STOCKTON: Faced with a glut of fraudulent amnesty applications, federal Immigration and Naturalization Service Officials have implemented new strategies for catching amnesty seekers carrying fake documents.

One technique involves putting some applicants before video cameras as they are being interviewed, in an effort to scare them into admitting their documents are fake.

INS officials say they also are contacting more employers to verify that aliens have the jobs they list on their amnesty documents.

“We want the word to get out Over the grapevine that these people (fake applicants) will be on camera and it would be better if they just didn’t show up, because We’re going to be after them,” said Loren Montgomery, newly appointed chief of Stockton’s regional INS office. “The (immigration) Service is getting serious; we didn’t realize how much fraud there was going to be.”

Under the Immigration Reform Act, foreign agricultural workers have until Nov 30 to apply for ‘work permits and permanent resident status:

Undocumented laborers can qualify for amnesty if they worked for at least 90 days in the United States at a fruit, nut or cotton farm or a plant nursery between May 1985 and May 1986.

But INS officials estimate that up to 80 percent of the documents submitted recently are fake.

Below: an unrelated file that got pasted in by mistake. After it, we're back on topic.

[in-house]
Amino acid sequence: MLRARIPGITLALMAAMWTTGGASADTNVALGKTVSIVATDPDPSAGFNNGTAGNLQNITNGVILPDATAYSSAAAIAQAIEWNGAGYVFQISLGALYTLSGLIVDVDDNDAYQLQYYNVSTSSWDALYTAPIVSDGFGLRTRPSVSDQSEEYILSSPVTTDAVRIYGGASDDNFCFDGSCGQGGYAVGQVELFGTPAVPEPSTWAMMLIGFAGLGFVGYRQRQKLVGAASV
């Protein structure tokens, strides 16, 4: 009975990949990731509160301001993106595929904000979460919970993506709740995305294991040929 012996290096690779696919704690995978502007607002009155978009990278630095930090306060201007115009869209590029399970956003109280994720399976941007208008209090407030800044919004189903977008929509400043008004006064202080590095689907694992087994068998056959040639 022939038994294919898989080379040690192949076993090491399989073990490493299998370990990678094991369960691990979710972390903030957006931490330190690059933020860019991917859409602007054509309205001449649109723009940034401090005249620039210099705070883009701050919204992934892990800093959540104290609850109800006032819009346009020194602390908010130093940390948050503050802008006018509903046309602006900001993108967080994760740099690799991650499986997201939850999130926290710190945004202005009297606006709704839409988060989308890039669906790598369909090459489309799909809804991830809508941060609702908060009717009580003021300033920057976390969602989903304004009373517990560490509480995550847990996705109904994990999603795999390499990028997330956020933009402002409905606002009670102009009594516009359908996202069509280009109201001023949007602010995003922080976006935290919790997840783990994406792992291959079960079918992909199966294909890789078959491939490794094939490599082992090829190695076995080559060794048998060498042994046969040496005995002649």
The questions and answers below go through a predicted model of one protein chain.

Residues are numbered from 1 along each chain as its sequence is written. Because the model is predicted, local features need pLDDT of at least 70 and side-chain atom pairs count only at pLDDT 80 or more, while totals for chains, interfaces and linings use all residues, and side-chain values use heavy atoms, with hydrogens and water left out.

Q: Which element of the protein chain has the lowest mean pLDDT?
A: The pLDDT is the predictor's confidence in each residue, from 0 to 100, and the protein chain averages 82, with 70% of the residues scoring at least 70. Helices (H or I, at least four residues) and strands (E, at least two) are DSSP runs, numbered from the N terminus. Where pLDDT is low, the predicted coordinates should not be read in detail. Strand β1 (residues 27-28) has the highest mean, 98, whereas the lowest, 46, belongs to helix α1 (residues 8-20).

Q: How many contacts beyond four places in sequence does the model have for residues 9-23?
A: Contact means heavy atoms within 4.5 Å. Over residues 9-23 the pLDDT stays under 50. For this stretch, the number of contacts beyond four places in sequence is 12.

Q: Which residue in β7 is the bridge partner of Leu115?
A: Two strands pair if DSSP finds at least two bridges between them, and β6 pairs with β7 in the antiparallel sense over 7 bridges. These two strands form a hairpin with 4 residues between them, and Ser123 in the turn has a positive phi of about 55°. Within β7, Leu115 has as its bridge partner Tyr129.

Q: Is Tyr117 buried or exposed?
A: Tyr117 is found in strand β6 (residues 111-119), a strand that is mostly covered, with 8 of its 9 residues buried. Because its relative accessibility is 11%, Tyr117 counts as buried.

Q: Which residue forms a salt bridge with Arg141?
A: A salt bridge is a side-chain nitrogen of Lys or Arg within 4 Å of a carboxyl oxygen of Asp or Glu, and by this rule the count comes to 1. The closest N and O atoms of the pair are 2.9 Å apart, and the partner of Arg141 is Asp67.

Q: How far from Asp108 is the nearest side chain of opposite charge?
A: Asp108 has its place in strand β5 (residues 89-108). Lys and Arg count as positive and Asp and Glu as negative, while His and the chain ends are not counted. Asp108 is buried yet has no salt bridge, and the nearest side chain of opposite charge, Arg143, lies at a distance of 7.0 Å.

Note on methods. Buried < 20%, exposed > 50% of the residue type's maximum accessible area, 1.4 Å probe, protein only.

Farmer’s signatures are being forged on hundreds of phony amnesty documents coming through the Stockton office, as illegal aliens make last ditch efforts to get their temporary citizenship cards.

Mary Duran, an INS adjudicator said she has started using an INS hotline for telephoning employers to verify applicant’s jobs.

Already, she has found evidence of fraud. One grower told her he has 80 workers, but she said she had hundreds of amnesty applications listing him as an employer.

In another instance the listed employer had never heard of the applicant. One grower even admitted to giving away signed amnesty documents to undocumented laborers who didn’t work for his operation.

The Stockton INS office started videotaping applicants during their interviews early this week. By Wednesday afternoon, two applicants had admitted to carrying falsified work affidavits.

Montgomery said some individuals forgers are making thousands of dollars manufacturing phony INS amnesty documents and selling them to aliens, who are desperate to apply for amnesty before the Nov. 30 deadline.

“They are forging the signatures of legitimate growers, so not only are they violating immigration laws, but they’re committing forgery, which is a felony,” he said.

In just the last week of September, 621 undocumented workers seeking amnesty visited the INS’s Stockton office, whose region extends from Merced County of the Oregon border. Of those applying, 84 percent were “recommended for denial” because they are suspected of having phony paperwork.

Montgomery believes that percentage will rise as the deadline comes closer,

The recommendations then are sent to a Southern California INS enforcement office, where it may take up to a year to investigate.

Montgomery said if an applicant admits he has phony paperwork at the Stockton office, he can be denied amnesty on the spot.

Officials ten take a sworn statement from the applicant naming the contractor who sold him the documents.

The videotapes, sworn statements and denials are forwarded to the Southern California investigation branch.

Article extracted from this publication >> October 21, 1988